But that's tomorrow.  Today, for 4 and a half more hours, I am in India.  I've been in India for three and a half months.  My trip is coming to an end.  I'll be home tomorrow.  I'm in India.

Sunday, April 24, 2011

"Next Time"

I’m hanging out in my hotel room in Agra, hometown of the Taj Mahal.  I arrived yesterday afternoon after a 5-hour drive from Jaipur.

My mood was not good.  My body was not much better.   I went up to my room, closed the door, turned on the TV and tried to forget that I was still in India.  Eventually, the fact that I hadn’t eaten became a mental health issue, so I ventured out into the town.  I had to walk about half a mile to get some chips and water, which was about all I thought my system could handle, if that.

Agra is like every medium sized town in India I’ve been in, full of dust, dirt, trash and people trying to get something.  Two little begging girls started to follow me, one even turned on the water works, “Meeeessssss (Miss), sob sob sob, Meeeeeessssss, sob sob sob.”

I discovered that I had no feelings whatsoever for those two little urchins.  I snapped, “Chelle Jow, Chelle Jow” which is a really rude way of saying, “Get lost.”  They hung on.  As I kept saying, “Celle Jow,” and the one girl upped the histrionics of her routine, “MMMMMeeeeeeesssssssss, Mmmmmmmeeeeeeeessssss,” the younger quiet girl started laughing.

Eventually, a man on a motorcycle came and put himself between the girls and me and told me to go on ahead.  I was grateful for the help.  I tried to let his kindness reignite my love for India and the majority of kind, warm, helpful souls that I have met, because they have held the majority.  Unfortunately, when a country has billions of people, the minority can take up a lot of space and sap a person’s energy.

Eventually I found a store, bought some supplies and started the walk home.  When I was looking for the store, I had told a bicycle rickshaw man that I might get a ride on my way back.  By the time I reached him on my return journey, I was being followed by 5 auto-rickshaws that I’d already told to go away, and several bicycle rickshaws.  I went up to the guy I thought was my guy and said, “Are you the guy I spoke to?”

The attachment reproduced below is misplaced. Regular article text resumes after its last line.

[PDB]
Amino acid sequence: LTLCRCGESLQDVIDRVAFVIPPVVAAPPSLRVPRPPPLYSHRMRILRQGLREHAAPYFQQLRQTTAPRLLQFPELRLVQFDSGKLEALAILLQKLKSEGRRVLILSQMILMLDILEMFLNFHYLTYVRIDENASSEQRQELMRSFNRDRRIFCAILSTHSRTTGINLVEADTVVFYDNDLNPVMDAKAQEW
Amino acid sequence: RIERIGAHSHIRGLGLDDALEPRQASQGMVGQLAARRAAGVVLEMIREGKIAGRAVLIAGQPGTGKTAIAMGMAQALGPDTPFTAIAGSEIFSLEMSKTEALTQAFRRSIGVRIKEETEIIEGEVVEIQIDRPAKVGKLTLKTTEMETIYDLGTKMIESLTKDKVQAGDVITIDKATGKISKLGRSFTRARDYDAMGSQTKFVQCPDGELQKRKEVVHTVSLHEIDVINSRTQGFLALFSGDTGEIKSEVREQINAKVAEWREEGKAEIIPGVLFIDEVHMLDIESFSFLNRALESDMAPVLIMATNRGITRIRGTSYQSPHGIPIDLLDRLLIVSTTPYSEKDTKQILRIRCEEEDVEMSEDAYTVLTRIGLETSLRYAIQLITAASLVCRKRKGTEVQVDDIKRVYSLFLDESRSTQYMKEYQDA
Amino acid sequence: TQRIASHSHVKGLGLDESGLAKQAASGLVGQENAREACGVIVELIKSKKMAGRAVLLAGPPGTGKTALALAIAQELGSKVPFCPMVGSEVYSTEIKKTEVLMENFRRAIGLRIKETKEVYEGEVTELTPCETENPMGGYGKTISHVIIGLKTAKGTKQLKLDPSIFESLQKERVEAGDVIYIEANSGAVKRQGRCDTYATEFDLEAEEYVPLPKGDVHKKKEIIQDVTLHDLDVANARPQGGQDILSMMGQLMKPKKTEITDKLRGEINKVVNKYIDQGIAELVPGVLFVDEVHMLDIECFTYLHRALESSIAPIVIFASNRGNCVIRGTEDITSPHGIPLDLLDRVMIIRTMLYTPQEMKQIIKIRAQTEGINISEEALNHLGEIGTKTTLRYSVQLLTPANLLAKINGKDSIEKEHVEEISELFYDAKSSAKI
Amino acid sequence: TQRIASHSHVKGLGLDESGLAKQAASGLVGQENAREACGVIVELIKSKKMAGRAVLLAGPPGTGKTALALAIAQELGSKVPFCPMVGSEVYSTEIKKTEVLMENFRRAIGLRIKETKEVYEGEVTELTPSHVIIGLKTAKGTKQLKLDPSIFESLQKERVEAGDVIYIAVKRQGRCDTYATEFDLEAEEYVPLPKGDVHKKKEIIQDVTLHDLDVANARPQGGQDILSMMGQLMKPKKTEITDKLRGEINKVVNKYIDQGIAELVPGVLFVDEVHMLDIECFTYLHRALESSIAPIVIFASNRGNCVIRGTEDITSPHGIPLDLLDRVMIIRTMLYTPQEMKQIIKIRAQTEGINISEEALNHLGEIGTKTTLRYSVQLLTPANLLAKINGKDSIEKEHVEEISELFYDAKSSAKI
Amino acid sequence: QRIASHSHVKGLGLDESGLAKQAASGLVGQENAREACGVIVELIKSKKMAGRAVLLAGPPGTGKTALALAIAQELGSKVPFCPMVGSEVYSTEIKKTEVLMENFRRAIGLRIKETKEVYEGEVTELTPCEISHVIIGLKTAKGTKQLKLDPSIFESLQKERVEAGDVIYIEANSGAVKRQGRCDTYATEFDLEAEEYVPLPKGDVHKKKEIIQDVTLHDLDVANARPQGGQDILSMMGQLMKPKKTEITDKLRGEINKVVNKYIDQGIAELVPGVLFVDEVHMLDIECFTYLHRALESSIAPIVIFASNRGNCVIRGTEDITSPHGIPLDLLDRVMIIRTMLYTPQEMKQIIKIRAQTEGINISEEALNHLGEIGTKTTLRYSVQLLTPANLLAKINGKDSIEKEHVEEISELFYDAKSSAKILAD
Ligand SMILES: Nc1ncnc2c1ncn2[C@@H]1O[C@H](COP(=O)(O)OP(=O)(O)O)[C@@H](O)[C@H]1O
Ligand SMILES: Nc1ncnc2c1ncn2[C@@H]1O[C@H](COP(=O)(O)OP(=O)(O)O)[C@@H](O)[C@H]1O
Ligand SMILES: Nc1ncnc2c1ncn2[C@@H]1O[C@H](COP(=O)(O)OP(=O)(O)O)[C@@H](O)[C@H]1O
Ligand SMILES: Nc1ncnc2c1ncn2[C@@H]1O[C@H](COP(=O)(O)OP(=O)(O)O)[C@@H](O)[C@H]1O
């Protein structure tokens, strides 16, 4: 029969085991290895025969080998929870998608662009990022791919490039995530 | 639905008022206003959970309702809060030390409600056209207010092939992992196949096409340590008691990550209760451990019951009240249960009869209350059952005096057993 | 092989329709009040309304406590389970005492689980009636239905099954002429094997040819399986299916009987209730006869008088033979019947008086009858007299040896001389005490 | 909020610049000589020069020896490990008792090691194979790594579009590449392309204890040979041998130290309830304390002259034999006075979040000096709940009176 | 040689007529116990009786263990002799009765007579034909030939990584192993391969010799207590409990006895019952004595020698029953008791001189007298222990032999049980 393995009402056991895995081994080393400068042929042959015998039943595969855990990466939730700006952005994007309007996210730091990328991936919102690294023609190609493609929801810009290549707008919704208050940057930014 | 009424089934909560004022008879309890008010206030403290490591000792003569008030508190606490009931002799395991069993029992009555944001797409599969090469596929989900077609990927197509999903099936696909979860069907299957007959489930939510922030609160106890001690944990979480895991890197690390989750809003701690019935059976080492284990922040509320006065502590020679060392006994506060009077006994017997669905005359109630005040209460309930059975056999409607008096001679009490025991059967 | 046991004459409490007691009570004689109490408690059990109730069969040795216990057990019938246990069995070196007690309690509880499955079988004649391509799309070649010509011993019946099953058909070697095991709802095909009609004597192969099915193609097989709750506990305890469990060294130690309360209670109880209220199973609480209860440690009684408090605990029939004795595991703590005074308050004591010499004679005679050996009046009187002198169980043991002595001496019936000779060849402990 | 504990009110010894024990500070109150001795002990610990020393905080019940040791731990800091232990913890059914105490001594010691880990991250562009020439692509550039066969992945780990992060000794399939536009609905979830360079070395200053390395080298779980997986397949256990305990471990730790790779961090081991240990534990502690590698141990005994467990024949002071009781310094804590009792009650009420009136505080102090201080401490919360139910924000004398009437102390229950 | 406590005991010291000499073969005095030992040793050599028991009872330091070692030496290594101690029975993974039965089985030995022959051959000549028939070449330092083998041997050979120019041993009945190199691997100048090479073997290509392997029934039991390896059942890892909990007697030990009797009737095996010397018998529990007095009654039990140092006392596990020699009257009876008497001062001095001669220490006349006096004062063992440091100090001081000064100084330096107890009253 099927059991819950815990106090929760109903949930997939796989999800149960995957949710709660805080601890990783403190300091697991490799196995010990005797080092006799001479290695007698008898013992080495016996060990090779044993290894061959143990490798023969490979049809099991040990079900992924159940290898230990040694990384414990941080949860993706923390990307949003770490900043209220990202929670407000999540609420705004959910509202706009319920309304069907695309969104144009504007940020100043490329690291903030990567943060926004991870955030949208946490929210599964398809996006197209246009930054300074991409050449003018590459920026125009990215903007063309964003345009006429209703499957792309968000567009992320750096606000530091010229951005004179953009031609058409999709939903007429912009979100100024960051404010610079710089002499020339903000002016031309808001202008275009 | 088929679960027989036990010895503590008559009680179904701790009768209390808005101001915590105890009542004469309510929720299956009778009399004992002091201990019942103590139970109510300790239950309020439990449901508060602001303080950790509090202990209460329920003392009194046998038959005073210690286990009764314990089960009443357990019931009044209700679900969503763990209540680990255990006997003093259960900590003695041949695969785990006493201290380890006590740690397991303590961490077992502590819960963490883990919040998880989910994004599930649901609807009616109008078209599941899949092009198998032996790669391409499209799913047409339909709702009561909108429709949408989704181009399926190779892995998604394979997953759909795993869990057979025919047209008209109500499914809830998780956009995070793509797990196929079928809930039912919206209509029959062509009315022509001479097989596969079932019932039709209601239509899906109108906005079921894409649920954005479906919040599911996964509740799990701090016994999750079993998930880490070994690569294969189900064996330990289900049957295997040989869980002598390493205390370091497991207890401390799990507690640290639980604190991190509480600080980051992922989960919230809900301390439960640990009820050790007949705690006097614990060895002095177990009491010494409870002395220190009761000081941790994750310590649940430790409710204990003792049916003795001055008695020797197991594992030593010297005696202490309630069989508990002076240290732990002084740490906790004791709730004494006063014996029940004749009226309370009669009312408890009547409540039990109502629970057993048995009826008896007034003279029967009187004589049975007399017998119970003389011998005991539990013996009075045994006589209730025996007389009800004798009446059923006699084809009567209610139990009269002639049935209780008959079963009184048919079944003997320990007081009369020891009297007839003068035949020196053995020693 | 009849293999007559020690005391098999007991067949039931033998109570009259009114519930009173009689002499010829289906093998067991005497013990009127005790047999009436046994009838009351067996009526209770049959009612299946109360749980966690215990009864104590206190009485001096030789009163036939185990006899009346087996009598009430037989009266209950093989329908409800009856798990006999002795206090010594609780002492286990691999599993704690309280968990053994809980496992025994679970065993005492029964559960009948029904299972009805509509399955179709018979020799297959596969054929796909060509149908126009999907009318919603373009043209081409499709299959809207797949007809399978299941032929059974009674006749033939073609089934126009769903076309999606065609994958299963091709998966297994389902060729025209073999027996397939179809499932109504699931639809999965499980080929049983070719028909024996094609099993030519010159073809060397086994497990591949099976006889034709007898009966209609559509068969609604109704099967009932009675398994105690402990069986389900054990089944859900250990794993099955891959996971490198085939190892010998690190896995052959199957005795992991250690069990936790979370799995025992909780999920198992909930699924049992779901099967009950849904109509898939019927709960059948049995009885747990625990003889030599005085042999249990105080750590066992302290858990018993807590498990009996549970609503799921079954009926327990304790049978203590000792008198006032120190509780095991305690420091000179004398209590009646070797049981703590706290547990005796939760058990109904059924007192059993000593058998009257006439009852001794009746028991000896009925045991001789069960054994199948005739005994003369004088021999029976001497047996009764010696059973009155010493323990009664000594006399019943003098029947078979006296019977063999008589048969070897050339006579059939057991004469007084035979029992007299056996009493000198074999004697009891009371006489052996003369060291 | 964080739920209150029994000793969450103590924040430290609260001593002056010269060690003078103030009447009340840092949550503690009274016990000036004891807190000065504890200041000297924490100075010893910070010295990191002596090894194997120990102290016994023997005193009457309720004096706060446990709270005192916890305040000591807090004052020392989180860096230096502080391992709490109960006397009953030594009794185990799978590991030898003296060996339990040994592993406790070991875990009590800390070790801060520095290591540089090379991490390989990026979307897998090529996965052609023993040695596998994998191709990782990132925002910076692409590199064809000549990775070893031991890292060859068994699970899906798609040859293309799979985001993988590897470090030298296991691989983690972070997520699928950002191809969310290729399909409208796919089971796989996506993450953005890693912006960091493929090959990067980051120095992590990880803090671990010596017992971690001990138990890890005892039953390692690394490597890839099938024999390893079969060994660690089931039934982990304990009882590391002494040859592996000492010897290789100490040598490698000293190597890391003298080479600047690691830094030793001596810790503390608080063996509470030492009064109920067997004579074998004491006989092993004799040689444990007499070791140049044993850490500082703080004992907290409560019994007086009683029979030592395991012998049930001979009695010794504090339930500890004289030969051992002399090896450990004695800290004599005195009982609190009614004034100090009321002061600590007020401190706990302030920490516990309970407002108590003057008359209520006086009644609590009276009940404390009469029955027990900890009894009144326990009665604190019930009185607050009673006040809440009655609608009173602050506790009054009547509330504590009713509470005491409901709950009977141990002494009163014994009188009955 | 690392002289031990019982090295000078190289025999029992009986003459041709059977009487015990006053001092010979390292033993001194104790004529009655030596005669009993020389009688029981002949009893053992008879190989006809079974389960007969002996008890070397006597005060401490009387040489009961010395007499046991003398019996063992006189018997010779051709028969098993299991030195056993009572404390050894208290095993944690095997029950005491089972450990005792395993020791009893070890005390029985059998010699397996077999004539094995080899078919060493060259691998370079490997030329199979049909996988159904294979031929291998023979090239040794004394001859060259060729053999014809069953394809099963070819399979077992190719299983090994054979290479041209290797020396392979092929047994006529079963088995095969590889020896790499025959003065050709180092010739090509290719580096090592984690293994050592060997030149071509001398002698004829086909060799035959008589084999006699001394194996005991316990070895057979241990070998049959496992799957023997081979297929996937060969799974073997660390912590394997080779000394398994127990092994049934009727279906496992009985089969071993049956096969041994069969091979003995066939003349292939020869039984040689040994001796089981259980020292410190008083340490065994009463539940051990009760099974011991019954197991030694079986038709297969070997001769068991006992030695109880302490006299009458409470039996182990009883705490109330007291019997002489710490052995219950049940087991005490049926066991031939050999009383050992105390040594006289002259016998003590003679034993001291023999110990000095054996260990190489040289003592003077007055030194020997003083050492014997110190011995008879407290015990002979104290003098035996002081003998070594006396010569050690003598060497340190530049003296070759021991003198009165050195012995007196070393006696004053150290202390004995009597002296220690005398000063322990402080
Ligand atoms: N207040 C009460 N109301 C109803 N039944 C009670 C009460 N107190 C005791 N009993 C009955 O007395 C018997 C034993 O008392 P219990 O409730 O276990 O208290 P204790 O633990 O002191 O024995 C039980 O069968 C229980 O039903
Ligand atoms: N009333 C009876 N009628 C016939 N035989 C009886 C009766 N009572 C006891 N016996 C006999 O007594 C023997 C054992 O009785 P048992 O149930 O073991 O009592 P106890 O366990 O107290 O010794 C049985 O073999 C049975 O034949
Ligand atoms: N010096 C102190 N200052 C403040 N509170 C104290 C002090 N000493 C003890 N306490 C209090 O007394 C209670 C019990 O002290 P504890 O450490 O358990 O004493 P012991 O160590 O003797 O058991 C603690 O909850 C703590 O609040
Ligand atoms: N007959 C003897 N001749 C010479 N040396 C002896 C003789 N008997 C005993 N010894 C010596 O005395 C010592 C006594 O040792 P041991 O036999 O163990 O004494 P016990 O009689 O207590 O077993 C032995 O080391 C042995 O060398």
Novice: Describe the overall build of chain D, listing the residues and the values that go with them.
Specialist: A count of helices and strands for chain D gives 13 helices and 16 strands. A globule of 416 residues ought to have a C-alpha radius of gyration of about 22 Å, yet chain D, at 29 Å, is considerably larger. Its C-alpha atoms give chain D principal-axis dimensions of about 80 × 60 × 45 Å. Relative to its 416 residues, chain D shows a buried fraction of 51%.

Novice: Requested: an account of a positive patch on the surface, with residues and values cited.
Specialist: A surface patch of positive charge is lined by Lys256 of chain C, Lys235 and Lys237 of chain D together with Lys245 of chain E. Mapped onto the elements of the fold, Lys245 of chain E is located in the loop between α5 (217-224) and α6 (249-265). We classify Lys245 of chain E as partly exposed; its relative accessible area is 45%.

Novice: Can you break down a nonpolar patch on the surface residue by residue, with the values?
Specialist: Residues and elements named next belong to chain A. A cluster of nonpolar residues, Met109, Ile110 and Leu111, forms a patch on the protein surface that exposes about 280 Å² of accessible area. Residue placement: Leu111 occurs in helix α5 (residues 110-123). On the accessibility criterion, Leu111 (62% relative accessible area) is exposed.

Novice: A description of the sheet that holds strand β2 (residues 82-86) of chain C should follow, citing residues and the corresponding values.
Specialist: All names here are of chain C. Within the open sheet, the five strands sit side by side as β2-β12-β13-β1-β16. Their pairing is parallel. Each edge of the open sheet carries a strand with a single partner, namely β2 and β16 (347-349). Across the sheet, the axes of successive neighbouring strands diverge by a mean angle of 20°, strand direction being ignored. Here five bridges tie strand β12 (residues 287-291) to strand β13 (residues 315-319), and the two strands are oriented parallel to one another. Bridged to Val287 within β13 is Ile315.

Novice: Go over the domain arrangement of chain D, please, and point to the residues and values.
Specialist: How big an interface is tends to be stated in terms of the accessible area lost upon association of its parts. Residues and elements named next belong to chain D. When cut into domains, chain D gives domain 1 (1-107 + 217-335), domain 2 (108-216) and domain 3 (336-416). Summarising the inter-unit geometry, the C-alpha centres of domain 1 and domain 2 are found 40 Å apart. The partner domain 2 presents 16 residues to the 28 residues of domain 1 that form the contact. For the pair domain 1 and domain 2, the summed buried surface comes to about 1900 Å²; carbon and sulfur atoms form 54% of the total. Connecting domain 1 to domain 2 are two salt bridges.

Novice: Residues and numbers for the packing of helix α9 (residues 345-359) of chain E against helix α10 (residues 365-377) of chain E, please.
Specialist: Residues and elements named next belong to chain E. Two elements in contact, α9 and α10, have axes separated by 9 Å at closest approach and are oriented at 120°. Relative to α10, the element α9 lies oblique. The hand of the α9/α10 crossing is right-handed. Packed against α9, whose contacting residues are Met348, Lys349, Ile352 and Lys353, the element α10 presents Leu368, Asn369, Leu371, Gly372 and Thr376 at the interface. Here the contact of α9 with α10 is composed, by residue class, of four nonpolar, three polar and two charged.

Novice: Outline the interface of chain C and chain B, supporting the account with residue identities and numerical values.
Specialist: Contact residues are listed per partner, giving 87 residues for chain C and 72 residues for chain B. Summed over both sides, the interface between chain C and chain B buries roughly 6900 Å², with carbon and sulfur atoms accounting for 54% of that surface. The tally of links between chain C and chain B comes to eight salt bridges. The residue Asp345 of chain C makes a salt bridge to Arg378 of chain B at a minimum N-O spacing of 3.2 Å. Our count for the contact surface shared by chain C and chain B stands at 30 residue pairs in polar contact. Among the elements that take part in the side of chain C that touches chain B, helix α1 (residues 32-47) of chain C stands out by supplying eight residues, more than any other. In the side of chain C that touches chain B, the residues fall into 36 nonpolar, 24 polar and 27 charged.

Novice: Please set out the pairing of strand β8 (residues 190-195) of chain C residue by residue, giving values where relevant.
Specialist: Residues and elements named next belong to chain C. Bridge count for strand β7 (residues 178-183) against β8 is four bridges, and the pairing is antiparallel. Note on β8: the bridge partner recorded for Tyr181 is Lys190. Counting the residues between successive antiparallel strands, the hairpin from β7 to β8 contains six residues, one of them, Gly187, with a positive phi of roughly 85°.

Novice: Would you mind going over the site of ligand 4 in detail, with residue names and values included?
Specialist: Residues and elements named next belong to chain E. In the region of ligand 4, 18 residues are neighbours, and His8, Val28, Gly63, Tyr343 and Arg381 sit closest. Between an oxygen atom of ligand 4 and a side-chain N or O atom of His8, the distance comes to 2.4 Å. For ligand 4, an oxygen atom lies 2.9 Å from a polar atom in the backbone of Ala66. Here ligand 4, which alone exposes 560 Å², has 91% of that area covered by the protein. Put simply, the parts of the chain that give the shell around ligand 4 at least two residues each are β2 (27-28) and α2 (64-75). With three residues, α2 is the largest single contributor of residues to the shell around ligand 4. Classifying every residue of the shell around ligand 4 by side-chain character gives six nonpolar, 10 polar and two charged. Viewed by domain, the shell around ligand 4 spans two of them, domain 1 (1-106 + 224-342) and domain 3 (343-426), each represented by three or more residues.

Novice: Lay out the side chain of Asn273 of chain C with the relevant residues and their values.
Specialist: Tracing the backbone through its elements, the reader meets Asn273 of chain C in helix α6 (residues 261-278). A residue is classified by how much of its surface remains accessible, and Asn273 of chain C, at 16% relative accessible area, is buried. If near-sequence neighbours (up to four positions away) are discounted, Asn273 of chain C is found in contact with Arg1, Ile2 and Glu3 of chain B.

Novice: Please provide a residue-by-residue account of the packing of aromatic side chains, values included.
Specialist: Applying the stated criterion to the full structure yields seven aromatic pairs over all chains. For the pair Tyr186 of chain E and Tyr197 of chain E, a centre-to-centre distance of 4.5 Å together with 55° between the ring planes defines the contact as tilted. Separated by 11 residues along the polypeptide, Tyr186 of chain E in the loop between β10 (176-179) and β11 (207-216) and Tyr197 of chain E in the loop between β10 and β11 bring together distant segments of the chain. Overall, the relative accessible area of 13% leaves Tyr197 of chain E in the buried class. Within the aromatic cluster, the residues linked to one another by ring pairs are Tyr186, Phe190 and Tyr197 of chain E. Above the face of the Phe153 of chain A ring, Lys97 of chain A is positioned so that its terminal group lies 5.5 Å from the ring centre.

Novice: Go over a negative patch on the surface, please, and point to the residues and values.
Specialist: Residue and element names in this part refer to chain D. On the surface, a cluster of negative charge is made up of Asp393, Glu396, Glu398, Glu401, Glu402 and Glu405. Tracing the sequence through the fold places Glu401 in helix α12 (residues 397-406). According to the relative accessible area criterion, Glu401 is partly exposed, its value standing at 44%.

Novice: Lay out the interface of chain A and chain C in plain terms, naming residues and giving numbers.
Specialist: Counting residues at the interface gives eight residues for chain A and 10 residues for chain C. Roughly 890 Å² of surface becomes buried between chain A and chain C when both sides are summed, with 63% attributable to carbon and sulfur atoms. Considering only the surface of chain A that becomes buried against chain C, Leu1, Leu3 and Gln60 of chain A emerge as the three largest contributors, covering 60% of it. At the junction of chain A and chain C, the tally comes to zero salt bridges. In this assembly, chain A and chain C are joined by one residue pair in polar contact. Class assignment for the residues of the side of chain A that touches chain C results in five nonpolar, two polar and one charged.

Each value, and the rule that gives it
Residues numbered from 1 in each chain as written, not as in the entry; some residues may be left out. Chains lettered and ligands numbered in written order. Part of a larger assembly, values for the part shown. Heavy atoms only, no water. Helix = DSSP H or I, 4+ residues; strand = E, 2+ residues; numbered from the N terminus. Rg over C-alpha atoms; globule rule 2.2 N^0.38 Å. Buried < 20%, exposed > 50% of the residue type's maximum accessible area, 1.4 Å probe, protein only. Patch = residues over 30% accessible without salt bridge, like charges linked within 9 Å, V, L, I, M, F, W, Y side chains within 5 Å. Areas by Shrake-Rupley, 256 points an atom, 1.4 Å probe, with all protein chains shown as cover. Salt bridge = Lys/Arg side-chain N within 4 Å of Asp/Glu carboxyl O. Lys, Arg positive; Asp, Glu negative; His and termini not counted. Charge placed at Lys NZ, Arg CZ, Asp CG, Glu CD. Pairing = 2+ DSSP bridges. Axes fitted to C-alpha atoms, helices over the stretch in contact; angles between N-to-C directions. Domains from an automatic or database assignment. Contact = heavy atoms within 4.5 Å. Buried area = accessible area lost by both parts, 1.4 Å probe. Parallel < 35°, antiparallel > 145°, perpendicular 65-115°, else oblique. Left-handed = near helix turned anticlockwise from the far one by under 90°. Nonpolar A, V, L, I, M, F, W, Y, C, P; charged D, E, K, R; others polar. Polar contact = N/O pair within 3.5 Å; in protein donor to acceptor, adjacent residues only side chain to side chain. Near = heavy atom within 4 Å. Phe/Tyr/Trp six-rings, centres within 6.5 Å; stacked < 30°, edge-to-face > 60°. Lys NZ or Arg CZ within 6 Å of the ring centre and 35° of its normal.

I pulled out the card with the map to the hotel to make sure he understood that I had only a short way to go, and where we were going.  Ten other drivers crowded around me and started trying to say they knew better how to get back to the hotel.

I waved my finger at all the interlopers and said, “I’m talking to this man!”

How much has changed since those first days in Mumbai and Fort Cochin, huh?  Remember when I let rickshaw drivers boss me around?

I got home and hid in my cave of a room, determined not to go out unless absolutely necessary.  I even thought of not going to the Taj Mahal this morning, staying in my cave till I had to get on the train tomorrow to go to Delhi.

By dinner last night, I was in my darkest mood yet since I arrived in India.  I sat at the table in the small hotel with the two couples that had freshly arrived in country, all four people full of wonder and awe at the color and spectacle that awaits them.  They talked about the difficulty of dealing with drivers and salespeople almost as if it was cute, not nearly as annoying as people say it is.

I am really proud of myself.  It took all of my effort not to rain on their parade.  I held my tongue and squelched all the bile that has been building up from the dealing with the harassment of never being able to walk down the street without being yelled at to buy something, to look at something, to take a picture with so and so and then being asked to pay for the picture I was asked to take.

That morning I had not been as reticent to speak out.  My Jaipur guide, RV, who lived next to the hotel I was staying, had asked me to dinner with his family on my last night in town.  I had repeatedly told him that I was sorry, but my stomach was not up for food.  I was very nervous about having a 5-hour drive the next day and being caught in the middle of rural India with the desperate need to find a bathroom.  After the seventh or eight time I had said I couldn’t come over because I couldn’t eat, RV said, “Just come over and meet my family.  No food.  I’ll introduce you to my niece.”

Of course, I had to say, “Yes.”  Mostly because I didn’t seem to have a way out.  When I got there, I met his lovely sisters, his mom and dad and his three year old niece.  I aped it up for the little girl who found me, at first, very disconcerting, but who warmed to me eventually.  Soon she was dancing and flirting and we were all having a great time.

Then, RV said to me, “Now you eat.”

“No, RV, I’m sorry, but I can’t eat.”

His whole family was staring at me, expectant.  I was informed that the desert I would have was made especially for me.  It was good for an upset stomach.  It was made out of milk and cheese.

I said, “RV.  I’m sorry.  I’m allergic to milk and cheese.”

He said, “No.  Come one just a little it won’t hurt.  If you eat this every morning you will never get sick.”

I said, ”RV.  Milk and cheese has been known to paralyze me.  I can’t eat it.”

He literally rolled his eyes.

Everyone else stared.  He told them to get the food.  It was brought to me.  I had a bite or two, thinking," I will eat this, go home and take an aleve and hopefully not be any worse off".